The Agulhas Current flows south along the east coast of South Africa in the southwest Indian Ocean. It is one of the world’s great Western Boundary Currents, like the Gulf Stream, flowing swift and narrow on the western side of the ocean basin. In this figure, the background colors are sea surface temperature and it is clear that the Agulhas carries warm waters southwestward.
Unique to the Agulhas Current, south of the African continent, the current loops around to flow back eastward and this is called the Agulhas Retroflection. As you'll see in the movie below, this retroflection is unstable and periodically sheds Agulhas rings, eddies, and filaments of Indian Ocean water into the South Atlantic. This exchange of waters, called Agulhas leakage, is important to the global ocean circulation and ultimately to climate.
The position of the Agulhas Current Time-series (ACT) array of moored current meters is shown on this figure. We deployed the array during our first ACT cruise in April 2010. Also shown is the sediment core underneath the Agulhas leakage in the southeast Atlantic. This core, through so called paleo-proxy techniques, shows us how Agulhas leakage has varied over the past 500,000 years.
As a western boundary current, the Agulhas is one of the fastest currents in the global ocean, with peak surface speeds of 2 m/s, or 7.2 km/hr, or 4.5 mph. This is about as fast as a brisk walking pace or steady jog.
The Agulhas is also one of the largest currents in the world, next to the Antarctic Circumpolar Current. The unit of measurement for volume transport of seawater is called a Svedrup, named after a famous Norwegian oceanographer. For reference, 1 Sv = 1 million m3/s, or 3.6 km3/hr. The Agulhas Current has a volume transport of about 70 Sv. If this transport were put in terms of numbers of soda cans, it would be around 2 billion cans of soda per second! Another frame of reference would be the largest river in the world, the Amazon River, which has a flow of 0.2 Sv.
This figure is a cross-section of the Current, as measured by an instrument called a Lowered Acoustic Doppler Current Profiler, or LADCP. These velocity measurements were collected in 1995. Everything in red, yellow, and green is part of the main current flowing southwestward beside the continental slope of Africa, which is shown in black. Everything in blue is water flowing in the opposite direction, within the Agulhas Undercurrent. The numbers give velocity in centimetres per second.
Water masses in the Agulhas come from all over the Indian Ocean and even from the Atlantic and Antarctic Oceans! We can trace water masses from their regional origins at the sea surface by examining their properties. Measures of salinity, temperature, and oxygen content are particularly useful for identifying water masses.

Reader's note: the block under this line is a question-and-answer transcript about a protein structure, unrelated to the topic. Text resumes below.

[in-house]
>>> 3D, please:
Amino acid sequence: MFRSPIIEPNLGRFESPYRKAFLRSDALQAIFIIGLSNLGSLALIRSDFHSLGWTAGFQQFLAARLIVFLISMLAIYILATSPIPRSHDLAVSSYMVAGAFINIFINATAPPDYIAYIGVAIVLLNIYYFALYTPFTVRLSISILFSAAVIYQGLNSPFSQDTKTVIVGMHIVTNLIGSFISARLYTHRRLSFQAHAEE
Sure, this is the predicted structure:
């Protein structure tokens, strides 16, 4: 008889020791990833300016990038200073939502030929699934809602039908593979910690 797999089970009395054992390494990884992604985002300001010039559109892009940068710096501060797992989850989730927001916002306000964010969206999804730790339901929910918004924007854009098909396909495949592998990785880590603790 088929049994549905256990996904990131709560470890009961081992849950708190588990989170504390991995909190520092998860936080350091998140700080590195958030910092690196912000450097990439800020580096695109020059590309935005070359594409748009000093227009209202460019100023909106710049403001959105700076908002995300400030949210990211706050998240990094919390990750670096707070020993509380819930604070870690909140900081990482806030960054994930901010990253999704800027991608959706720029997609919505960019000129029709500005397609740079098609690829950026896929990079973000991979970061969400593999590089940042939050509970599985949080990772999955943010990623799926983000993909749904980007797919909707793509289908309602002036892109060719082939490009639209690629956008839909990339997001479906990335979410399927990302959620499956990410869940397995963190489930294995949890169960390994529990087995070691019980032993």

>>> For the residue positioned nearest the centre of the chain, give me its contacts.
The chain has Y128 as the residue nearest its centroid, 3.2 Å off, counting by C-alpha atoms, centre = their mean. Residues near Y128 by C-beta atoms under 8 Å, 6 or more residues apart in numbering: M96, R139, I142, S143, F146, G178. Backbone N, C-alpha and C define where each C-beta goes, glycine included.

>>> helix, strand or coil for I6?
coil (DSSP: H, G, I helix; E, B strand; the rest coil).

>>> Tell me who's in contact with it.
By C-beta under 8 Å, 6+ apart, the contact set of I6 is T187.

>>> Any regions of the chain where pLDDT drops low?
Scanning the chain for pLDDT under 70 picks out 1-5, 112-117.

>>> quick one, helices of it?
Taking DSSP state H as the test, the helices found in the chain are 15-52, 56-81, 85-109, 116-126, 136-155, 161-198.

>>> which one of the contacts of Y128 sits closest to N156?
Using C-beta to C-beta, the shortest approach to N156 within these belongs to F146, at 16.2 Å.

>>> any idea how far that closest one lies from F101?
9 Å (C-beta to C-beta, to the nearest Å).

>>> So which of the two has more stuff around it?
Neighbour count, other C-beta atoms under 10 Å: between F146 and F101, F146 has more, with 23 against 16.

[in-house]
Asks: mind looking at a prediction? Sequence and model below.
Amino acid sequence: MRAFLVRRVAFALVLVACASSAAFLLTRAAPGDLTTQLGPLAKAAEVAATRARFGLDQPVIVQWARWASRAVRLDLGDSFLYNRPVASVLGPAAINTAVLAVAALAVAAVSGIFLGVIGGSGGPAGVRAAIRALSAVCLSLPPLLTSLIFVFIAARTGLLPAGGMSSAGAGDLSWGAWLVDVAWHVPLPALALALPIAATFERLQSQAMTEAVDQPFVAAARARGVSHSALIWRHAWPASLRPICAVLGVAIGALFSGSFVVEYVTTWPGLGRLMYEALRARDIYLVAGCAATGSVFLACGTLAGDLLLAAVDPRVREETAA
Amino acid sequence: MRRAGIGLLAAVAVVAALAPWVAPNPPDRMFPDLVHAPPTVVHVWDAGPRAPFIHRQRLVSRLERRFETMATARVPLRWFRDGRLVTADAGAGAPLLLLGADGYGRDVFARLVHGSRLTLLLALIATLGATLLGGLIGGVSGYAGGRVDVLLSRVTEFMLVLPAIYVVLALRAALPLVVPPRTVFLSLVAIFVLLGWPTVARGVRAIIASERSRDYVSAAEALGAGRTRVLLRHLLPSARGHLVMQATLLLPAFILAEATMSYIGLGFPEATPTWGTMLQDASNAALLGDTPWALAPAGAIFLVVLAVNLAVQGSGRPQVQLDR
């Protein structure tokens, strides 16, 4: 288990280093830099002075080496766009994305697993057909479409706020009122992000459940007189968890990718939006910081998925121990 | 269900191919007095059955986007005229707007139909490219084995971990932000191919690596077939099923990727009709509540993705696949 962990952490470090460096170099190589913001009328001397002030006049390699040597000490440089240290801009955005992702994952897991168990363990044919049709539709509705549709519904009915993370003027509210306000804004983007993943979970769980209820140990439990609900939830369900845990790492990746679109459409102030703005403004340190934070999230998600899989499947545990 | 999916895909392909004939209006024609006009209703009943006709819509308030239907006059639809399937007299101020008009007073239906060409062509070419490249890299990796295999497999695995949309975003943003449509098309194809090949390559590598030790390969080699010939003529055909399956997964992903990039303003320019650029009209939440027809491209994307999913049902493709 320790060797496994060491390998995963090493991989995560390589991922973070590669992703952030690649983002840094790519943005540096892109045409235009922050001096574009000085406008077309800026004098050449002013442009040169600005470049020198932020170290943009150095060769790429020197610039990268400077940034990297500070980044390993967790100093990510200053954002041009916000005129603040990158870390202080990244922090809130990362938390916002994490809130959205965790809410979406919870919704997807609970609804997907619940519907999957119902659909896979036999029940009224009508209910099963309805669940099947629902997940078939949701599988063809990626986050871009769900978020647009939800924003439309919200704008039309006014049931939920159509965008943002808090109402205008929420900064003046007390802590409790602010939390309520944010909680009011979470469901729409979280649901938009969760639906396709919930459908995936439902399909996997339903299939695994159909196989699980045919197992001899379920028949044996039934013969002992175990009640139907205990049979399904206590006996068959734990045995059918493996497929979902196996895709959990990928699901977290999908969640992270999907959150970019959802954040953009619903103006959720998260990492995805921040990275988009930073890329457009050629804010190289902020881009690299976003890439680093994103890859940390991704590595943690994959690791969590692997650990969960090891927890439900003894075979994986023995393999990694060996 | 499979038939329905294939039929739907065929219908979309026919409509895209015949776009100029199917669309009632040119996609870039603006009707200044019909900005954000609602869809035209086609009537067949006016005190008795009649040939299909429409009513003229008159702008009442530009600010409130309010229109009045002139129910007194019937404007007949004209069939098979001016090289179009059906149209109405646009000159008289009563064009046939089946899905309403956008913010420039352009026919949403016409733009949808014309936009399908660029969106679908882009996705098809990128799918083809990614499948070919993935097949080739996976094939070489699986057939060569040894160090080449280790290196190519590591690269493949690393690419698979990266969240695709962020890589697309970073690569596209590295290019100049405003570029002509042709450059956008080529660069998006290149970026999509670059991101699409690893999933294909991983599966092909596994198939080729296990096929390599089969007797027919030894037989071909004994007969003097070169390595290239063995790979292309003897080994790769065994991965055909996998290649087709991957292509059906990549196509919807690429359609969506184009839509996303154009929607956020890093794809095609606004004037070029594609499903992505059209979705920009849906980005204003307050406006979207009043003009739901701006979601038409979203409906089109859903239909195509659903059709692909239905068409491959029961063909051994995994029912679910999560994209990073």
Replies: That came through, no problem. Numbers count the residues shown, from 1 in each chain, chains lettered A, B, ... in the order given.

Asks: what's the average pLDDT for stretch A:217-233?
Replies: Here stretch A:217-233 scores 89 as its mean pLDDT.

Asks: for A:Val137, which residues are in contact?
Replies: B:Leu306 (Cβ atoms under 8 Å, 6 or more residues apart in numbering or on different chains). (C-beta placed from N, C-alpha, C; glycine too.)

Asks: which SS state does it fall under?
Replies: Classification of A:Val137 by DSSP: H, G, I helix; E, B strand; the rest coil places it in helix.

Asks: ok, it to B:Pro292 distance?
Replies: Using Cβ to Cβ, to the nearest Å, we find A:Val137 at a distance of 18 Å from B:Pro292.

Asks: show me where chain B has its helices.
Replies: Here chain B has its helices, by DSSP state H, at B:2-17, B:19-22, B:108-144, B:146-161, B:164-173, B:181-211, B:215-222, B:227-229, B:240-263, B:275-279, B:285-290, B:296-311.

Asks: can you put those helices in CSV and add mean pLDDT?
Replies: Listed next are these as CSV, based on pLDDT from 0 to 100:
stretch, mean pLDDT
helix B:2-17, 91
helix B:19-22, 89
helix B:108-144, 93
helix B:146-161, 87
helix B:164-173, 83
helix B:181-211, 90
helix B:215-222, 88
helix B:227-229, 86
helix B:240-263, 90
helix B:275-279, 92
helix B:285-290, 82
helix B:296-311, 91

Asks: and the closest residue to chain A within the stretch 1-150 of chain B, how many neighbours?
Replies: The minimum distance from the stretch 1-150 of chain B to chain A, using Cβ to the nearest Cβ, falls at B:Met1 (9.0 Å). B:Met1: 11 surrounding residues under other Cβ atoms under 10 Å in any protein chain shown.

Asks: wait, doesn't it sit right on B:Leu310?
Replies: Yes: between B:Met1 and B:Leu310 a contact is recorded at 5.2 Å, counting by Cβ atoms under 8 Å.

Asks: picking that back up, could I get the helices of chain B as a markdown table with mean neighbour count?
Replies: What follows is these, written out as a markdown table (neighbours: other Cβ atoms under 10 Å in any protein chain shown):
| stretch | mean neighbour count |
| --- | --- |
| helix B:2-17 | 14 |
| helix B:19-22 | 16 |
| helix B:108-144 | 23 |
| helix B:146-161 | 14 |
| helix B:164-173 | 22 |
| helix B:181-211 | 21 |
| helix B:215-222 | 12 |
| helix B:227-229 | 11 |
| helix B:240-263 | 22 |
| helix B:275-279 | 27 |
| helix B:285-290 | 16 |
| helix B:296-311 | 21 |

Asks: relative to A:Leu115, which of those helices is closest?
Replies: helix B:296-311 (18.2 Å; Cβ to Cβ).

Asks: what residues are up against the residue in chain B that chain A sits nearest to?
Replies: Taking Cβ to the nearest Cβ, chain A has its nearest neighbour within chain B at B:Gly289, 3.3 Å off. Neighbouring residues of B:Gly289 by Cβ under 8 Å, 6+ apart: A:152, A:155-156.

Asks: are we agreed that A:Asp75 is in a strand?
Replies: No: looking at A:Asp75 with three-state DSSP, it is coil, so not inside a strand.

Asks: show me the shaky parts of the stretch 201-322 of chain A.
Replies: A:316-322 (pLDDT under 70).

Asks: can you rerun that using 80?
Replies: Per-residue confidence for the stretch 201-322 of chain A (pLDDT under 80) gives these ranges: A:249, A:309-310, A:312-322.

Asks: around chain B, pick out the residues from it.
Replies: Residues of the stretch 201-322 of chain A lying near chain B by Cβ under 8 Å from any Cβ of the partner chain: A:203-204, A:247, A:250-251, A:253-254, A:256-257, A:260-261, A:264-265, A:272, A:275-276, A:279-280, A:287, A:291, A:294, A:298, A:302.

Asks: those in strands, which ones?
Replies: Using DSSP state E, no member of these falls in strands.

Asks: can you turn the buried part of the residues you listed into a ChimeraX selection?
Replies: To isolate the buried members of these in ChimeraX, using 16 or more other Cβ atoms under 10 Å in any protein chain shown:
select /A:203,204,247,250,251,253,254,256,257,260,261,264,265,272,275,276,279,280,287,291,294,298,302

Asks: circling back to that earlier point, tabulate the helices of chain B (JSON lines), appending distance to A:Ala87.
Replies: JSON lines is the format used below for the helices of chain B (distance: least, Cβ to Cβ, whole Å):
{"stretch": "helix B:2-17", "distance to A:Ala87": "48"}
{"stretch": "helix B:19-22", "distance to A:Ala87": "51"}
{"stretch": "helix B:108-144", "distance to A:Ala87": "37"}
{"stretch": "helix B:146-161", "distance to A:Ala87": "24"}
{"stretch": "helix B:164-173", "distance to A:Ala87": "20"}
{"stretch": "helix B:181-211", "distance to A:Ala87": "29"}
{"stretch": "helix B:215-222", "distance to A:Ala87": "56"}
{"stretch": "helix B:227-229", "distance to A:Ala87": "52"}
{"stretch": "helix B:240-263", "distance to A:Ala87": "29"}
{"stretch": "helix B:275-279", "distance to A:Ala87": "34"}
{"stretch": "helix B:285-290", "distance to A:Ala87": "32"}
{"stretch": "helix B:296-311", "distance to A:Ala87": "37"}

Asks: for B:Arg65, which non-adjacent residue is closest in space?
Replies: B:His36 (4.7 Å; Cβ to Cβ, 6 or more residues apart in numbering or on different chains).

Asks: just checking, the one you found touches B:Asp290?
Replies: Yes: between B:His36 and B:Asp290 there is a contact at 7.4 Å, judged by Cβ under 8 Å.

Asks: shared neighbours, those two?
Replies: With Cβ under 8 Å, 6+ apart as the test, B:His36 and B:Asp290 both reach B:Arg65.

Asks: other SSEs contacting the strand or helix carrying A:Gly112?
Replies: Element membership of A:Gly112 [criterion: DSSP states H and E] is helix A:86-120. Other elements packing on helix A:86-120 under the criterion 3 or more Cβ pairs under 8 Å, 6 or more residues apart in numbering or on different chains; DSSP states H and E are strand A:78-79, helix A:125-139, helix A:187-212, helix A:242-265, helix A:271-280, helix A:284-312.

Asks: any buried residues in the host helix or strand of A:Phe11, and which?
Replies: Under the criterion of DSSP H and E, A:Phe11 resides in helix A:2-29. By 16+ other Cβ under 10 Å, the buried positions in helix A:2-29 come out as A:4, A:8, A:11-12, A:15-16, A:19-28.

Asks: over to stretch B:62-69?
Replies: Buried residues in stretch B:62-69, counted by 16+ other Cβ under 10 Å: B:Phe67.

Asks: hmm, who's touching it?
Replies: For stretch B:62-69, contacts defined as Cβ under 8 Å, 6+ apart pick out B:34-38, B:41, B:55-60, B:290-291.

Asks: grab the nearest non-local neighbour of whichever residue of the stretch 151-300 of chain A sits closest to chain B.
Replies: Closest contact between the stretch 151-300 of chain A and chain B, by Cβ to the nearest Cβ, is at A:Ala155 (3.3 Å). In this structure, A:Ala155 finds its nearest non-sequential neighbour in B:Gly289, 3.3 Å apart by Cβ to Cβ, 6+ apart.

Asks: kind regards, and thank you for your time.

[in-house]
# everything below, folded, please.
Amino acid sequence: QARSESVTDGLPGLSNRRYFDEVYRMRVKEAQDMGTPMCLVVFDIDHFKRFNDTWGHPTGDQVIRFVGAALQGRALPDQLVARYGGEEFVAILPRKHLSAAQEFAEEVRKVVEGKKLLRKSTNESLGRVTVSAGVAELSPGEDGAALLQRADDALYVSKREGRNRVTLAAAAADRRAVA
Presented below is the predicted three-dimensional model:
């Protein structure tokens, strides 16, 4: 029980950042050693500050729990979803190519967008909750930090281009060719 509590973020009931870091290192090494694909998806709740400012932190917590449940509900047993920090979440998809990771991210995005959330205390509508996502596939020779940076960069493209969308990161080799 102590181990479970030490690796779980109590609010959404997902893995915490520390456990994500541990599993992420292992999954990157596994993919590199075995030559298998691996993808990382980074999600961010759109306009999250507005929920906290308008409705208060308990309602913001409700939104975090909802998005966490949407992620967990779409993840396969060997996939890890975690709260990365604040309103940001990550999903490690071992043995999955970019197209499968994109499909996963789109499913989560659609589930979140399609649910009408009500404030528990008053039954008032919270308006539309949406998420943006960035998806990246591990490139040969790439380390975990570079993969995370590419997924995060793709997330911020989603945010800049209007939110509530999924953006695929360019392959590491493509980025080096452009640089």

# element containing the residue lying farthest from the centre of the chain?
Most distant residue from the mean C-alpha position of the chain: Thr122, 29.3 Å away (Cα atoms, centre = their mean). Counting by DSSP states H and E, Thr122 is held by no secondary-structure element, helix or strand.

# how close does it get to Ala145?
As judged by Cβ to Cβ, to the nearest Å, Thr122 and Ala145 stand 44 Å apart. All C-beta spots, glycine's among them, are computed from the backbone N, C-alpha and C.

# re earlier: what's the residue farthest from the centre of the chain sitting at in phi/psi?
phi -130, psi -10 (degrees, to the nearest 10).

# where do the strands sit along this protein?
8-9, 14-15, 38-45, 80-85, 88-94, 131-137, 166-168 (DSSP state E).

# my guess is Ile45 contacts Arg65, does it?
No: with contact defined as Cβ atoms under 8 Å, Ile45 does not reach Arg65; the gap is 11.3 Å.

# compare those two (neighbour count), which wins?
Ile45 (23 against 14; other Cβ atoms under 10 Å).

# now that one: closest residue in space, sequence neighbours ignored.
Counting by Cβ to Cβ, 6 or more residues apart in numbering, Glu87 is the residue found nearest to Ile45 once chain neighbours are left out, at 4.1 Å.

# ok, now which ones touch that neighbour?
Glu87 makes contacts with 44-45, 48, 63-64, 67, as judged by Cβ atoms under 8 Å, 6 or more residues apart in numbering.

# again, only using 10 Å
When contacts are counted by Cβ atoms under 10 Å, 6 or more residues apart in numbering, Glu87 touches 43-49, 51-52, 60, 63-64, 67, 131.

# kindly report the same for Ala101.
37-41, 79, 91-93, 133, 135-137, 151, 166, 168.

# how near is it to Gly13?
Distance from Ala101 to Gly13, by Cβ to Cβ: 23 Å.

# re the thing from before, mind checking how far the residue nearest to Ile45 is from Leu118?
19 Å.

In the Agulhas, the order of water masses is as follows from top to bottom:
When the Agulhas Current flows south of the African continent, it loops back on itself, sending most of the warm and salty water meandering eastward back into the Indian Ocean. This phenomenon is called the Agulhas Retroflection.
Five or six times per year a pocket of warm, salty water spins off the retroflection and drifts into the Atlantic Ocean as an Agulhas Ring. This event is effectively a leakage of warm and salty water from the Indian Ocean into the Atlantic, and is thus called Agulhas Leakage.
This movie is a state-of-the-art climate system model, from NOAA’s Geophysical Fluid Dynamics Laboratory. It shows sea surface temperature (SST), which warms and cools on a broad scale with the changing seasons. The Agulhas Current shows up as a stream of warm (red and yellow) water flowing along the east coast of South Africa and retroflecting south of the continent.
The movie will take you through a year in the life of the Agulhas system before moving on to the North Brazil Current in the western Atlantic. Look closely and you will see several Agulhas rings spin off the retroflection and drift northwestward into the Atlantic Ocean. This is Agulhas Leakage! Notice how there are many more vortices or ocean eddies, besides Agulhas rings. The ocean is turbulent and full of eddies spinning water around and around.
There was a time when the Agulhas Current was better known than the Gulf Stream, because of its geographic position on one of the spice routes from Europe to India.
In 1497 Vasco da Gama was the first mariner to document the existence of the Agulhas Current. He headed an expedition, backed by the King of Portugal, to find a sea route to India for the trading of silks and spices. It wasn’t until three centuries later that English naval officer and surveyor Major James Rennell (a contemporary of Benjamin Franklin) prepared the first charts of the Agulhas Current in 1778.
Two centuries later, scientists invented an acoustic current meter that could be lowered to the sea floor. This invention enabled further ocean research. In 1995 Dr. Beal worked on her first cruise as a student, taking the first direct measurements of the full-depth velocity structure of the Agulhas Current.